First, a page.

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Can’t find formula?

Alternatives for feeding your baby.

Article Author: Julie Dubin

Article Date:

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You have enough stress as a new parent, and worrying about finding formula for your little one is an added hassle you just don’t need. Fortunately, the sparse shelves due to the national formula supply shortage are temporary. Your baby will survive – and you will too!

“In the long run, babies are going to be fine. The government is getting involved so there will be more products available soon,” said Randolph “Randy” Thornton, MD, a pediatrician with Jacksonville Pediatrics and Wolfson Children’s Hospital. “It may be tough for another month or two, but we will get through this.”

Dr. Thornton shared what parents should and shouldn’t do during the national baby formula shortage:

Don’t dilute. Adding water or cow’s milk to formula can be risky. “Parents are trying to stretch out their supply, but water dilutes out the nutrition babies need,” Dr. Thornton said. “It can be dangerous to substitute with cow’s milk too early because it can lead to anemia and bleeding in the gut.”

Don’t go homegrown. You may think combining a few healthy ingredients at home for your baby’s nutrition will suffice, but that’s not the case. Whipping up your own formula with condensed milk is not an option because it doesn’t have the nutrients babies require, nor is starting your baby on solid foods too early. It’s important to stick with formula if that’s what your baby’s used to, Dr. Thornton said.

Don’t believe the screen. Your co-worker’s neighbor may share ideas on social media for formula substitutes, but it’s important to consider where the information is coming from. You should only listen to guidance from a trusted source, like your pediatrician, especially when it comes to feeding your baby.

Do switch brands. Making a temporary change can ensure your baby still gets necessary nutrients. “If your child is on Similac® and you can’t find it, look for a comparable competitor’s formula like Enfamil®, Gerber Good Start® or a store-brand generic,” Dr. Thornton said. “It’s not ideal to switch to something else because subtle differences in the protein can cause digestive issues, but it’s not dangerous for those who aren’t on restricted diets. Certain formulas are lactose-free, while some use soy protein. If you find it confusing, check with your pediatrician.”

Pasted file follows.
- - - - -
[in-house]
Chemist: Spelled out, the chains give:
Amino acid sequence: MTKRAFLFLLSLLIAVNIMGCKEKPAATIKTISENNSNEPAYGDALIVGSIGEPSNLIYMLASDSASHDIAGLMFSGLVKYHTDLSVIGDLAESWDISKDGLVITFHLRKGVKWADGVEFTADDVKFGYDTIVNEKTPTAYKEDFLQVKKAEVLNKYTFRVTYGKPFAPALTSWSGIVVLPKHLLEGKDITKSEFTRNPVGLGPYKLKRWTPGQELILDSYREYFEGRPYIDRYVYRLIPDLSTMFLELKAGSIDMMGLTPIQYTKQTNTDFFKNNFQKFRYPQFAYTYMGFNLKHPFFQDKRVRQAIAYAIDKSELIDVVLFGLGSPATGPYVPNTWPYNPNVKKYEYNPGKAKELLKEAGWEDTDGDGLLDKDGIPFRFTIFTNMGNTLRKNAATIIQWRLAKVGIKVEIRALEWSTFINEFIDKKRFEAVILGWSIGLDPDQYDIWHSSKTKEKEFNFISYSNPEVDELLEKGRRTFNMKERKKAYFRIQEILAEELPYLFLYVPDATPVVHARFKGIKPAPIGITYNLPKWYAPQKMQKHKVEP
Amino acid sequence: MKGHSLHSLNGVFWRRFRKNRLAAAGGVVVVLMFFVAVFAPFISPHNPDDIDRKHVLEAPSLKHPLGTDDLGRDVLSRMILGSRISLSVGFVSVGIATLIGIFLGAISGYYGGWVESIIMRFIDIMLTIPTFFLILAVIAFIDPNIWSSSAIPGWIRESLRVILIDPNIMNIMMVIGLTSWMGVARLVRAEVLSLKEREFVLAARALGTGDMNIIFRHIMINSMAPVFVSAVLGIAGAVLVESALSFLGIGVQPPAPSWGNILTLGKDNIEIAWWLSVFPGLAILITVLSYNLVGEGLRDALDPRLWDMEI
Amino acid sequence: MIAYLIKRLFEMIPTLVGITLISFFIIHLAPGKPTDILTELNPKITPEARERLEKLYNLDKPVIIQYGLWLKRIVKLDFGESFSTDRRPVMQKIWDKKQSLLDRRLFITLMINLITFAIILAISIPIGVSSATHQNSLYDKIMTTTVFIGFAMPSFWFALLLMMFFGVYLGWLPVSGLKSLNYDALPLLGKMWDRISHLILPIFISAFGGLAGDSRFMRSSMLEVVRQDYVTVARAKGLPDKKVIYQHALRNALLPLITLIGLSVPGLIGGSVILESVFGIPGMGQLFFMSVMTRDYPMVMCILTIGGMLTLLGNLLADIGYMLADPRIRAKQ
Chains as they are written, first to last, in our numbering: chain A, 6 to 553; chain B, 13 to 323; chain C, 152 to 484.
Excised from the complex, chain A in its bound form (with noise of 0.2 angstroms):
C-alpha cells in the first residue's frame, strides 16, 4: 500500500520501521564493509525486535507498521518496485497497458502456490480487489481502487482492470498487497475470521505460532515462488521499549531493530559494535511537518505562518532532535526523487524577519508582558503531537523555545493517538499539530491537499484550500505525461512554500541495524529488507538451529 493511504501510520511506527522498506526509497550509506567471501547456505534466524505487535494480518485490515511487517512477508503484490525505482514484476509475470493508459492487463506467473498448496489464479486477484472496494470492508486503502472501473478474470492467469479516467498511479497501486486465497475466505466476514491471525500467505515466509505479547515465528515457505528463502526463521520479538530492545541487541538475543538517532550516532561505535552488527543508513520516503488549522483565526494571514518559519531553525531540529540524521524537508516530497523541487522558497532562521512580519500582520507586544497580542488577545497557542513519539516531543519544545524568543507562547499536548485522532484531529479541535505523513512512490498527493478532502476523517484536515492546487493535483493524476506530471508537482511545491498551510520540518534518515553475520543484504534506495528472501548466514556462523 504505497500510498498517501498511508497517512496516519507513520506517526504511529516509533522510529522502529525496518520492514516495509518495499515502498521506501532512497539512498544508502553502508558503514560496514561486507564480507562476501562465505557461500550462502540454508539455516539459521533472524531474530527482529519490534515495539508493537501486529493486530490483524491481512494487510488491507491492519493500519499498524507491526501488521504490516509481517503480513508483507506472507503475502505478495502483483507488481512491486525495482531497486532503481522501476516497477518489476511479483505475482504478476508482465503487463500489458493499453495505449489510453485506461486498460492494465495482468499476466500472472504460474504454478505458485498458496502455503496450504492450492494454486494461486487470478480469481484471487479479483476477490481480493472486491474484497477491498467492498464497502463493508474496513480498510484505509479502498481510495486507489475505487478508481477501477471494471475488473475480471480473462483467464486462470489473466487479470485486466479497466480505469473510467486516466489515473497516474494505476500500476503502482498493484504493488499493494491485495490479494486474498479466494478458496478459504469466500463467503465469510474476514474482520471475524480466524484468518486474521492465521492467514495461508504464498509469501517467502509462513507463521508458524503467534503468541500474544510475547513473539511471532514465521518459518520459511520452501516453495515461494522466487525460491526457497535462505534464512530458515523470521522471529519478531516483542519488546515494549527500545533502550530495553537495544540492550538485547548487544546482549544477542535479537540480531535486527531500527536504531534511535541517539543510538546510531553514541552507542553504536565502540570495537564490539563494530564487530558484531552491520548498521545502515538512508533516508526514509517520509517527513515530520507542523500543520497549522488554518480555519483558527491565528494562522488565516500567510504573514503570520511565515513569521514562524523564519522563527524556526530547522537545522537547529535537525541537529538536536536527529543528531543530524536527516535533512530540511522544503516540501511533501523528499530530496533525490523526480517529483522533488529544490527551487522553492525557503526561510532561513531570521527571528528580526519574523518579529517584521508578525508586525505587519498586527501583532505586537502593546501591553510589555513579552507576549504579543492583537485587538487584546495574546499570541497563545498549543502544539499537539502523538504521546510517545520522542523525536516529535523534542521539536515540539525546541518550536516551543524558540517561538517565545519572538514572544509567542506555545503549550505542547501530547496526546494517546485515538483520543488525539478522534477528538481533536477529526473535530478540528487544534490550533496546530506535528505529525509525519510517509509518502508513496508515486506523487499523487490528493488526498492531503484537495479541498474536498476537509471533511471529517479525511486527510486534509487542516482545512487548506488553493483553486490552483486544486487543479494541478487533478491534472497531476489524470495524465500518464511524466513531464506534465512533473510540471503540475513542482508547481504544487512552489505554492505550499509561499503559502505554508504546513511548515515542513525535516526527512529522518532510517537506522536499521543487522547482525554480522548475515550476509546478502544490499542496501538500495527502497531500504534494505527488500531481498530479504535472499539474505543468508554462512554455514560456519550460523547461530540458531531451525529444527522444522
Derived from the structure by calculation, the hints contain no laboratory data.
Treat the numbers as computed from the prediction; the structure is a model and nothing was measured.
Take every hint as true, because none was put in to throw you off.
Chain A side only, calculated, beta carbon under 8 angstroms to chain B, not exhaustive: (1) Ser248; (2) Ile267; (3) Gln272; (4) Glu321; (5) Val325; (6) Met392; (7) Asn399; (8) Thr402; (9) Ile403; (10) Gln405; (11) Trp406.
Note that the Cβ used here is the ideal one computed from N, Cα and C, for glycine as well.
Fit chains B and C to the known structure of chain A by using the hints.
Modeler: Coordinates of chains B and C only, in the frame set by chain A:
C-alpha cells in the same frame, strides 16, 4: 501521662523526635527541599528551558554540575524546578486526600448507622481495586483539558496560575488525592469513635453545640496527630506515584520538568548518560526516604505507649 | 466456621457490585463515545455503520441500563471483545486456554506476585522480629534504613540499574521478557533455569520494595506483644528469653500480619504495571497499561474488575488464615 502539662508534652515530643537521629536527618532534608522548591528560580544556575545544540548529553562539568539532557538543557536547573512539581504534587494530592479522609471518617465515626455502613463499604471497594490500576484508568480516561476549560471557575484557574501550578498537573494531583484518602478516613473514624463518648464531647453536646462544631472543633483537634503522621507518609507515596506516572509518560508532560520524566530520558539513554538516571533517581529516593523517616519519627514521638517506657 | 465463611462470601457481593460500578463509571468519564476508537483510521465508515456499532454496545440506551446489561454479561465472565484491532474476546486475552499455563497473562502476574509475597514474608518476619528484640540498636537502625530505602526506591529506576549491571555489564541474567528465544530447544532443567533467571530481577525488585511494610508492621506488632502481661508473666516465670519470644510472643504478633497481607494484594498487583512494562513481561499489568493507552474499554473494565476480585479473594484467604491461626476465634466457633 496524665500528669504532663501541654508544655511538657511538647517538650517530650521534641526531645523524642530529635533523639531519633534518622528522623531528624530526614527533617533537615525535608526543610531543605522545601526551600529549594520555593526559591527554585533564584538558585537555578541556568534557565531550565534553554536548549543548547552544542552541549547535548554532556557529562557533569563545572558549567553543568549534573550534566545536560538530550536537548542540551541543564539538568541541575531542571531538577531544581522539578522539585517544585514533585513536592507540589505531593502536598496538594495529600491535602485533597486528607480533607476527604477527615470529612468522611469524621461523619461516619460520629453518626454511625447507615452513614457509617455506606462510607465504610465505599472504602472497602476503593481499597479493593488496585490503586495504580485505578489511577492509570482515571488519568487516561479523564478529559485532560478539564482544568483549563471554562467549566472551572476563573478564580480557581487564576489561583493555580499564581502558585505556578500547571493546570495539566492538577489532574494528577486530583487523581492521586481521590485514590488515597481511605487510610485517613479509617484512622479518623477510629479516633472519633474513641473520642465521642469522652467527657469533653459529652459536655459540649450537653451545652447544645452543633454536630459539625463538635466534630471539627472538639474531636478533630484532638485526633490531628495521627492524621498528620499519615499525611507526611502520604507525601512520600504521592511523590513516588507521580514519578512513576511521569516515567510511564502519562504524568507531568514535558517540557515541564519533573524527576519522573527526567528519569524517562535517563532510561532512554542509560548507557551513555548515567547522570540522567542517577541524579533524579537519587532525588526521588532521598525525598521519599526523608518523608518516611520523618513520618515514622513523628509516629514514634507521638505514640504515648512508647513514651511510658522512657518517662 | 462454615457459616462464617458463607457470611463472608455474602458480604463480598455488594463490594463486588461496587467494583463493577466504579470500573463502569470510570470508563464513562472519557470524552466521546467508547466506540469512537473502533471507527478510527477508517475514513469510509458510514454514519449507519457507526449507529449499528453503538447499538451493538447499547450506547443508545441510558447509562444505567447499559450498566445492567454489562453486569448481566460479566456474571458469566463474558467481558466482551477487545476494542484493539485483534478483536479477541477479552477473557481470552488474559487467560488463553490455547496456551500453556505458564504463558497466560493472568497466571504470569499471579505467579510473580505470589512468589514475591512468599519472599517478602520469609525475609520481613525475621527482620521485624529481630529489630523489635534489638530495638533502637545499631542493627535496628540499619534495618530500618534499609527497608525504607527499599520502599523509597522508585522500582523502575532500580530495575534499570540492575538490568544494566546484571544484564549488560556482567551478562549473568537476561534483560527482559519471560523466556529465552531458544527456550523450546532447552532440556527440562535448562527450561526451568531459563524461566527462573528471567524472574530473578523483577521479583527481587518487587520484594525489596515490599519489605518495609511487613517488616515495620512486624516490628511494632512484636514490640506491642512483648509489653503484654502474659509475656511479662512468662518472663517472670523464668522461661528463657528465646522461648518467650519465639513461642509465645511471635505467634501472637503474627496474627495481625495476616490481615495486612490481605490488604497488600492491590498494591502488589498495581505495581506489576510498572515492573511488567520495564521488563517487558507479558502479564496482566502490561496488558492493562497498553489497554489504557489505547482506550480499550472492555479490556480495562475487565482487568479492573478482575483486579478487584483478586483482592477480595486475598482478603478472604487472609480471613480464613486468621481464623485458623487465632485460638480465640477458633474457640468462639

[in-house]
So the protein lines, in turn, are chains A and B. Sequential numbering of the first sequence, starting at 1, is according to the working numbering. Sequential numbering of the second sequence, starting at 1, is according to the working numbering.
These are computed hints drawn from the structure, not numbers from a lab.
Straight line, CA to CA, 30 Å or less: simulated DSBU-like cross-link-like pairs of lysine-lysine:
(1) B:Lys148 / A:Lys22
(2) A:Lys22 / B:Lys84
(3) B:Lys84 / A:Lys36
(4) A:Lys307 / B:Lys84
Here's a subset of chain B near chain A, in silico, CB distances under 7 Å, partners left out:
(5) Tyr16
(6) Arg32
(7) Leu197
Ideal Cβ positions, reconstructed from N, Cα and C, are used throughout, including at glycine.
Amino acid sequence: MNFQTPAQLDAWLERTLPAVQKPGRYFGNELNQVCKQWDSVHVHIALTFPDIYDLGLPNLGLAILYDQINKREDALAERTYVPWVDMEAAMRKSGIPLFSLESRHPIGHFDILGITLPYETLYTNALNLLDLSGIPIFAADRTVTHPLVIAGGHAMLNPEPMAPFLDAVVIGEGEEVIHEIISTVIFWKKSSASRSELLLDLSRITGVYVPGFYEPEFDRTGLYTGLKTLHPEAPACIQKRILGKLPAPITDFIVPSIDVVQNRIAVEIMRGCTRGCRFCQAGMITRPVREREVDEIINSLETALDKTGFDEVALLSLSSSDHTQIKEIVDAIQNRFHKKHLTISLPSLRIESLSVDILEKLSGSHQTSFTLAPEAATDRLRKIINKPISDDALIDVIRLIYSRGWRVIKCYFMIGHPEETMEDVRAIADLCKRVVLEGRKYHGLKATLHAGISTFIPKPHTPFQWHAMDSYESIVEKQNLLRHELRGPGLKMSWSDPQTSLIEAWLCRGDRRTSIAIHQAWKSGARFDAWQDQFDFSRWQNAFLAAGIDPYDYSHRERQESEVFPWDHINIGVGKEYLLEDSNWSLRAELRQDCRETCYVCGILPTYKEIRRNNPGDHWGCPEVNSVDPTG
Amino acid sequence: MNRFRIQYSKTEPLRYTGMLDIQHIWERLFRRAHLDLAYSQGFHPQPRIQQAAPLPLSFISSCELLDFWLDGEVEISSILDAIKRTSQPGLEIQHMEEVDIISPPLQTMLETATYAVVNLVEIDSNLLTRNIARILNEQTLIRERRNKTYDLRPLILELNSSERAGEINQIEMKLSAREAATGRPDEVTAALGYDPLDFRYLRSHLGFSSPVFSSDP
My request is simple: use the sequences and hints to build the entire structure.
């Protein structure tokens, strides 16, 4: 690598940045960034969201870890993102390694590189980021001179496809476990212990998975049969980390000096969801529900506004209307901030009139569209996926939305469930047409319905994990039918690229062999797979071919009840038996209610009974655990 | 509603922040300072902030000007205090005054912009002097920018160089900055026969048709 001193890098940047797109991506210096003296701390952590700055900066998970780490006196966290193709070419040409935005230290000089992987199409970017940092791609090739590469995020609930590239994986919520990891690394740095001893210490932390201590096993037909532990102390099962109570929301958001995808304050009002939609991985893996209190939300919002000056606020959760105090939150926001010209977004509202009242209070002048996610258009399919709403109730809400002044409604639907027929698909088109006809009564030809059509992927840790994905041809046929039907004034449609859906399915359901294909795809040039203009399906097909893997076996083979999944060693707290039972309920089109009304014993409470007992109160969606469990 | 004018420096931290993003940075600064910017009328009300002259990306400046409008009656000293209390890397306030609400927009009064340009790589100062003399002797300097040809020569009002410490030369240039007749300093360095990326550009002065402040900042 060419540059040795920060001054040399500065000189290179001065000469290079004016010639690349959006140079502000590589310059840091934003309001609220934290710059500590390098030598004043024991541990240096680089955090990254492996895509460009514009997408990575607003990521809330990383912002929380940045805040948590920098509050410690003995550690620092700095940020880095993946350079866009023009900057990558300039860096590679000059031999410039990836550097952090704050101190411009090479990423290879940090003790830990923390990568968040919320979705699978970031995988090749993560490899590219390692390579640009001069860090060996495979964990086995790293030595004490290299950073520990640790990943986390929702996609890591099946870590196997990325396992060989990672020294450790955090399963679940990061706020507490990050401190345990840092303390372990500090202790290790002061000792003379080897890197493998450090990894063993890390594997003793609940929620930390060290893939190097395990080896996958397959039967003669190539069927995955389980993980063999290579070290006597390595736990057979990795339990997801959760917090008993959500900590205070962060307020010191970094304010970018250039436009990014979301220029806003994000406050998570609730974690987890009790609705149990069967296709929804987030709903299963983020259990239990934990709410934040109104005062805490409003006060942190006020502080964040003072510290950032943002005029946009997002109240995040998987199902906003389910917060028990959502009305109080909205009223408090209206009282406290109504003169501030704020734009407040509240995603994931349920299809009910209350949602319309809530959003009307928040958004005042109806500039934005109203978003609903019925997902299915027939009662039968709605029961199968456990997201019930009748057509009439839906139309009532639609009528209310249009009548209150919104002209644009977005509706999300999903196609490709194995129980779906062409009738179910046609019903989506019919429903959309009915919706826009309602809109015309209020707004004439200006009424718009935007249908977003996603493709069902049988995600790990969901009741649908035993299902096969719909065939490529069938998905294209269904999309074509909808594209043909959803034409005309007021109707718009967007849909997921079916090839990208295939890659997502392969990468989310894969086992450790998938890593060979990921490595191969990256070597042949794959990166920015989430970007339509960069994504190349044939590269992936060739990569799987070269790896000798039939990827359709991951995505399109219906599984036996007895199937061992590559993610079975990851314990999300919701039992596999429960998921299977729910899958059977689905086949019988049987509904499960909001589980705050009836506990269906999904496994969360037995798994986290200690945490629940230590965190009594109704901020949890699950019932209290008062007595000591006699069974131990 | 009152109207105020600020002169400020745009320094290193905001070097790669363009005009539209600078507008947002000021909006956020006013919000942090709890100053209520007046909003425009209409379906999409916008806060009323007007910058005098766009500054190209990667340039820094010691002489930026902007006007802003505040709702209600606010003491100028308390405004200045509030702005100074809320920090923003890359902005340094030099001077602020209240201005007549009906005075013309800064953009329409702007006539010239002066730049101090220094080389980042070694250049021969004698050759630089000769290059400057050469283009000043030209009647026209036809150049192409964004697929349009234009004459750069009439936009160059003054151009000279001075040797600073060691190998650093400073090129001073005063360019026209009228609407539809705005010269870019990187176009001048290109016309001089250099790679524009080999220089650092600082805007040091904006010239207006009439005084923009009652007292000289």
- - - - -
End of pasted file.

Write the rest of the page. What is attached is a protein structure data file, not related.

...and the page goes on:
Do breastfeed, if you’re able to. If you’re getting ready to have a baby, consider breastfeeding, Dr. Thornton said. “There’s nothing better. The baby gets natural immunity, it helps reduce the risk of breast and ovarian cancer for the mother, and it may help a new mom get to back to her natural weight faster,” he added. “If you’re using formula to supplement, try to increase your breastfeeding.”

Do let older babes leap ahead. Since babies can have cow’s milk after 12 months, if your baby is over 11 months, you can try it (whole or 2%) or protein drinks like PediaSure ®, BOOST®, or other similar products for a few days, Dr. Thornton recommended. If your baby is having a lot of diarrhea or is spitting up, stop serving the new liquid.

Do call your doc. Reach out to your pediatrician for advice and before trying any DIY recipes. If your baby needs a hypoallergic formula, your doctor is a good resource. “If you can’t find anti-reflux formula, we can help you create an alternative. I’d much rather talk to parents than have them give their baby something harmful,” Dr. Thornton said. “And ask your pediatrician about formula – they often have samples they can give you.”


If you have concerns or questions about your baby's health, the MyFamily app from Baptist Health and Wolfson Children's Hospital is here to help. Download MyFamily for access to articles on a wide range of topics and to make a list of questions for your next pediatrician appointment.

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